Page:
Other receivables

     284,352        2,794          287,146   

Note receivable

     282,000        —            282,000   

Due from related parties

     296,202        —          (296,202     —     

Inventory

     19,644,715        —            19,644,715   

Prepaid expenses

     10,349,597        1,047          10,350,644   
  

 

 

   

 

 

   

 

 

   

 

 

 

Total current assets

     66,880,788        9,116        (296,202     66,593,702   

Property, plant and equipment:

        

Property and equipment

     222,323,023        620,272          222,943,295   

Construction in progress

     44,222,576        —            44,222,576   
  

 

 

   

 

 

   

 

 

   

 

 

 

Total property, plant and equipment

     266,545,599        620,272        —          267,165,871   

Less accumulated depreciation

     (25,255,946     (178,944       (25,434,890
  

 

 

   

 

 

   

 

 

   

 

 

 

Net property, plant and equipment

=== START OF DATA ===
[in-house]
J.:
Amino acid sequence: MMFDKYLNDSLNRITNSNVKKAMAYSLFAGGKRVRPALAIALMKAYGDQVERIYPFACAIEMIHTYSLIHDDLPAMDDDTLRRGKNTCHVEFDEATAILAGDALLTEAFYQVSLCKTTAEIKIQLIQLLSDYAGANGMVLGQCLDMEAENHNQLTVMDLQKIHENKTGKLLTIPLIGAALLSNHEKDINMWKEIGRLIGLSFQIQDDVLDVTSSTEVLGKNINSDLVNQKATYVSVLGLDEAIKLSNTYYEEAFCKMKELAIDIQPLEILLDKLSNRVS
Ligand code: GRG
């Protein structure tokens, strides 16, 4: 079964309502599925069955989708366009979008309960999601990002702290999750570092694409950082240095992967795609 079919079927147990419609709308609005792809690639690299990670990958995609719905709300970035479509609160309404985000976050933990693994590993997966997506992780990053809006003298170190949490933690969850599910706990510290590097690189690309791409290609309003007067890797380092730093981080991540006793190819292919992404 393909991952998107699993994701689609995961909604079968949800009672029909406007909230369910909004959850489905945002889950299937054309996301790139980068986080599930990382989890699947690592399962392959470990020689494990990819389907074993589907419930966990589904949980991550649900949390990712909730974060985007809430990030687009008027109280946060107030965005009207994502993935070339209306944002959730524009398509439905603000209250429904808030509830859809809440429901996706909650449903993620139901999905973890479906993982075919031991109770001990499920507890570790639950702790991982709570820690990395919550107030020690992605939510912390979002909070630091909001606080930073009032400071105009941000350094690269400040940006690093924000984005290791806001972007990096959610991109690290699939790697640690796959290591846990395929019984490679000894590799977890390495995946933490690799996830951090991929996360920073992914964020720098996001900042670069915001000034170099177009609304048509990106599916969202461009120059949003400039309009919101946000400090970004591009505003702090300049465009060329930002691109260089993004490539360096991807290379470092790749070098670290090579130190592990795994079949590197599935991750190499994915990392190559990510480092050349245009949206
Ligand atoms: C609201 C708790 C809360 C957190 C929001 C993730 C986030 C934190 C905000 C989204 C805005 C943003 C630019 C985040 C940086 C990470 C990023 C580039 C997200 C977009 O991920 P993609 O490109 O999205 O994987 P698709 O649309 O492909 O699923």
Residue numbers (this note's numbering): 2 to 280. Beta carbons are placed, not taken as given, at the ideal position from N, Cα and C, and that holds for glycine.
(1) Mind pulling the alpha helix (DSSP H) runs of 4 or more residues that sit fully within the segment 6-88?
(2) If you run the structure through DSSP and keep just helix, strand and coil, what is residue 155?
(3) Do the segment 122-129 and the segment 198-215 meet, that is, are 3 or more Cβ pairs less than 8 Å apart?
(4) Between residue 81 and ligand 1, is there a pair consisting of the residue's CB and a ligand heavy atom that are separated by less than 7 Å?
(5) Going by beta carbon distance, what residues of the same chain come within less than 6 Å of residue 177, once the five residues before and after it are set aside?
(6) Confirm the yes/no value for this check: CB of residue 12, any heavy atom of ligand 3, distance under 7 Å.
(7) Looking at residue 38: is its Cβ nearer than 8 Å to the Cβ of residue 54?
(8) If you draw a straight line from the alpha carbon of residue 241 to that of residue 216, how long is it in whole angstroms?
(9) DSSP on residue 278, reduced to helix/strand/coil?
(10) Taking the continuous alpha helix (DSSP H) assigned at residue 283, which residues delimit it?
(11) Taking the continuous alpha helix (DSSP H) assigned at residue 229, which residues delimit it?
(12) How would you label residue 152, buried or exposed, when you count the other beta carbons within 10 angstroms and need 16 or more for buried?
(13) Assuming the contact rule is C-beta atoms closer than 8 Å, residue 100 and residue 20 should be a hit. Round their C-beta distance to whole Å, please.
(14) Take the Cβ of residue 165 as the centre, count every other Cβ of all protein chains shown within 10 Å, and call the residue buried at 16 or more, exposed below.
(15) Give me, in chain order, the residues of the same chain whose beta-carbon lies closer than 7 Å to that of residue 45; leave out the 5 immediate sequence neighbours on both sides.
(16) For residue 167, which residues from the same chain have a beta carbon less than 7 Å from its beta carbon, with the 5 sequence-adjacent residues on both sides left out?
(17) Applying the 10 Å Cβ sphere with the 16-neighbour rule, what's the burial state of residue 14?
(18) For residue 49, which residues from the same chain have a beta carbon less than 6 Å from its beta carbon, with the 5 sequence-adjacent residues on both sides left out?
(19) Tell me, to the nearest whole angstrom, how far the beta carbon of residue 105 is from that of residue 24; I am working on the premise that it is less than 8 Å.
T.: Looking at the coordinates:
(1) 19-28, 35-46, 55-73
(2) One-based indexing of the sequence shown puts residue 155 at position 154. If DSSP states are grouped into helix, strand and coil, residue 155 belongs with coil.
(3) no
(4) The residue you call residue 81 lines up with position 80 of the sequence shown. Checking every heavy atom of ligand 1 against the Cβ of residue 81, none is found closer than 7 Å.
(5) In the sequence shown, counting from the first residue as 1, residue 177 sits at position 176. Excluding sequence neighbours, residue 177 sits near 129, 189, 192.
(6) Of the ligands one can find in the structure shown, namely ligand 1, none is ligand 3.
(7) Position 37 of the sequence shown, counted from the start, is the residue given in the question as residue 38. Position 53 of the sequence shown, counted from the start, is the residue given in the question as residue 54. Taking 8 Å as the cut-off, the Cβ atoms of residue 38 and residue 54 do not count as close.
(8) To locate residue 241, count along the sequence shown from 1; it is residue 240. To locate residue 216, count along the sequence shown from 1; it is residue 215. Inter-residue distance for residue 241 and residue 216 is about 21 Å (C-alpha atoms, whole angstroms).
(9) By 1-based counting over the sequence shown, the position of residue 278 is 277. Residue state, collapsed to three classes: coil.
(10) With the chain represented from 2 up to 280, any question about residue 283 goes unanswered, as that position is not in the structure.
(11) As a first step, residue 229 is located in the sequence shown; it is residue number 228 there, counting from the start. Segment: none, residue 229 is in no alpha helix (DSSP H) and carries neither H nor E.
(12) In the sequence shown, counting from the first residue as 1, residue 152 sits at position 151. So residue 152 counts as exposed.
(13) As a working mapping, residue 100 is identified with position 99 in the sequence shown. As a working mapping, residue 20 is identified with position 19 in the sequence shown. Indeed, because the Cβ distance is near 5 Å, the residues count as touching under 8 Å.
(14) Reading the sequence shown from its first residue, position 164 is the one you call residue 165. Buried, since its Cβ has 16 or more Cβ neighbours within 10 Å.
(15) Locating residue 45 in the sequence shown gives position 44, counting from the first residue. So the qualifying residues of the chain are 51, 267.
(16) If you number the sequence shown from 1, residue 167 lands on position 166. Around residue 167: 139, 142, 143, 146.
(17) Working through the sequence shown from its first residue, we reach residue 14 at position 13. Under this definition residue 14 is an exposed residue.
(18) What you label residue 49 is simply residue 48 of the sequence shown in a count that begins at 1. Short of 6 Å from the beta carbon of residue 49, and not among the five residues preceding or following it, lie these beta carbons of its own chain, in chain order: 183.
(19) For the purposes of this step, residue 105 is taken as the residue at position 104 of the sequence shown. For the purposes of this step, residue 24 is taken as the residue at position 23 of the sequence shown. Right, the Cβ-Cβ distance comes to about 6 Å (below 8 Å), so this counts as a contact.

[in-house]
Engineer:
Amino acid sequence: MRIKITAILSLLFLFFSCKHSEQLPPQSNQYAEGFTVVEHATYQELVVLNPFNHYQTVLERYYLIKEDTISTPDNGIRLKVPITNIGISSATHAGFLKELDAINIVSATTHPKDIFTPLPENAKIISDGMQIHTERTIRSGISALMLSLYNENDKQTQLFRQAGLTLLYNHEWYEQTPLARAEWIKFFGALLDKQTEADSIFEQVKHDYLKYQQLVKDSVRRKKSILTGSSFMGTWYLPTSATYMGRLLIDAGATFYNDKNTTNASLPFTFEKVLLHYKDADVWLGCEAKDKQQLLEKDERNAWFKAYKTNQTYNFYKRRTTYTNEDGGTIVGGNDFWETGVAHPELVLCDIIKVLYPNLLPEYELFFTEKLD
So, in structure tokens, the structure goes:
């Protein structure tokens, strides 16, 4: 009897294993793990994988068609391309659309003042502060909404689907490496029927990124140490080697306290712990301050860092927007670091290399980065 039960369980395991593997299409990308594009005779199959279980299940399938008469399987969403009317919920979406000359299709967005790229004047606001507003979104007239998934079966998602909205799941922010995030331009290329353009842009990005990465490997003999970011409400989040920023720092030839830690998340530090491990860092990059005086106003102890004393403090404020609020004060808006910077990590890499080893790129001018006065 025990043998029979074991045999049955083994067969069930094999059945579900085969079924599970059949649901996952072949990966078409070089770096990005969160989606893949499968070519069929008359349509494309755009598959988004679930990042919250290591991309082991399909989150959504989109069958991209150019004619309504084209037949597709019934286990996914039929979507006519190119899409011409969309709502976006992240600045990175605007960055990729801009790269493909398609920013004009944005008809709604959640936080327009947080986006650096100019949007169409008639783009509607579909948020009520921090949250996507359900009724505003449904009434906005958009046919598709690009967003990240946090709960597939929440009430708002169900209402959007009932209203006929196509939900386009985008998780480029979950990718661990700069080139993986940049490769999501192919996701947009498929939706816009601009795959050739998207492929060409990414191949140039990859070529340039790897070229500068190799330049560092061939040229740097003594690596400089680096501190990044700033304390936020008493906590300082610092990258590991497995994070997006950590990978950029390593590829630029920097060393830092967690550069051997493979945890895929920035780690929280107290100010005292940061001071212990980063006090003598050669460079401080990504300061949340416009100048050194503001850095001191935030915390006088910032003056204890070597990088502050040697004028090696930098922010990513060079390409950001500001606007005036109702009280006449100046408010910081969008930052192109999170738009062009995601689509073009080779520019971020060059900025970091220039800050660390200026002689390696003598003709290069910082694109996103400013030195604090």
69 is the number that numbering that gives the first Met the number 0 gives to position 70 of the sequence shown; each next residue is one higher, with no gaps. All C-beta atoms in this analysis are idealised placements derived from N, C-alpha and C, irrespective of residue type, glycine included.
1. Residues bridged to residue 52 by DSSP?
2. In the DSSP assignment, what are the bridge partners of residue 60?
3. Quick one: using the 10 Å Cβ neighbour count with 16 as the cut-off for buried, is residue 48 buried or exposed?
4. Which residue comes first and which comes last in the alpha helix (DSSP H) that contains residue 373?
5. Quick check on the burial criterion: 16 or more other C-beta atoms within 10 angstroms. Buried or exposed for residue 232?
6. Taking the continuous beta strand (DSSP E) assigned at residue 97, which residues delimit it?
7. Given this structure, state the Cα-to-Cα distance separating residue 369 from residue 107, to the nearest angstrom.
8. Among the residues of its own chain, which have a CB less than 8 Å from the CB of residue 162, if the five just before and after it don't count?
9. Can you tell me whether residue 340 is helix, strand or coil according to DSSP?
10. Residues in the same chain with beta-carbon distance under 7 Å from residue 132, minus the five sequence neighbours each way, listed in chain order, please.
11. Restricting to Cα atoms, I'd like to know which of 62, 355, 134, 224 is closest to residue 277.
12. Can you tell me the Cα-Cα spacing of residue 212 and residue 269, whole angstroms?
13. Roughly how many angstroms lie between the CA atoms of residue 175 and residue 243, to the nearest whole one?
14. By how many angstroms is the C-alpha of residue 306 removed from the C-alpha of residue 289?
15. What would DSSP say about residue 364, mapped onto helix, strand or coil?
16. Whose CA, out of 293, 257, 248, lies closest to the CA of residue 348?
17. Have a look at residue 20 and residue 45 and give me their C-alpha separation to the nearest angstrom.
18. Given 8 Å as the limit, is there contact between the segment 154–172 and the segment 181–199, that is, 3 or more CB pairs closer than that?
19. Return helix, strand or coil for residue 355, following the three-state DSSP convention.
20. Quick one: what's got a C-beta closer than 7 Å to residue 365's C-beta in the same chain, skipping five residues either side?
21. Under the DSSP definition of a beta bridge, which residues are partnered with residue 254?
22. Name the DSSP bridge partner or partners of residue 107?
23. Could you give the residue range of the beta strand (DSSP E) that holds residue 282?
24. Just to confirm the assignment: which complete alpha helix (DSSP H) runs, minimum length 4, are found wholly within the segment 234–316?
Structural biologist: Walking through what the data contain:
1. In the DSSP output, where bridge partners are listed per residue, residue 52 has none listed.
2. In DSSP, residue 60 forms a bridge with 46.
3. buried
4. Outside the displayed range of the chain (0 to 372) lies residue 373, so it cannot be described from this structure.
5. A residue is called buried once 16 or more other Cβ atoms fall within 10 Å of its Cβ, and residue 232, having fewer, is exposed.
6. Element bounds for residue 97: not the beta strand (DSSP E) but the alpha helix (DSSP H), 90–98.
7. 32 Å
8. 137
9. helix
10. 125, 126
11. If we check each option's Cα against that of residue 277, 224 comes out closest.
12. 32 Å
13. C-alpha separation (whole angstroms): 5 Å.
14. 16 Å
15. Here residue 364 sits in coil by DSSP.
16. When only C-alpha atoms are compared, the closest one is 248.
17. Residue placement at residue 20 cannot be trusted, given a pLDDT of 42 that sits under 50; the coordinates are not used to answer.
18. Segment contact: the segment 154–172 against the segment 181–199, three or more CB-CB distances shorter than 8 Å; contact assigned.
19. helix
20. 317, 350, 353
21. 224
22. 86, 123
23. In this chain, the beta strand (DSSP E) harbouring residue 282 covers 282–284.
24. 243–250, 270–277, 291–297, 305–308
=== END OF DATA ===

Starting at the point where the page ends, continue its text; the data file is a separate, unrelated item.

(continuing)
241,289,653        441,328        —          241,730,981   
  

 

 

   

 

 

   

 

 

   

 

 

 

Other assets:

        

Deposits

     26,369,279        3,200          26,372,479   

Loan costs—net of accumulated amortization

     8,177,422        —            8,177,422   

Intangible assets

     10,396,416        —            10,396,416   

Goodwill

     5,647,335        —            5,647,335   

Other

     —          —            —     
  

 

 

   

 

 

   

 

 

   

 

 

 

Total other assets

     50,590,452        3,200        —          50,593,652   
  

 

 

   

 

 

   

 

 

   

 

 

 

Total assets

   $ 358,760,893      $ 453,644      $ (296,202   $ 358,918,335   
  

 

 

   

 

 

   

 

 

   

 

 

 

Liabilities and Stockholders’ Equity

        

Current liabilities:

        

Accounts payable

   $ 30,408,847      $ —          $ 30,408,847   

Accrued liabilities

     22,458,837        —            22,458,837   

Notes payable

     1,230,179        —            1,230,179   

Current portion of long-term debt

     52,229,548        —            52,229,548   

Current portion of capital lease obligation

     1,118,108        —            1,118,108   

Current earn-out payable

     1,078,204        —            1,078,204   

Due to related parties

     —          296,202        (296,202     —     

Deferred income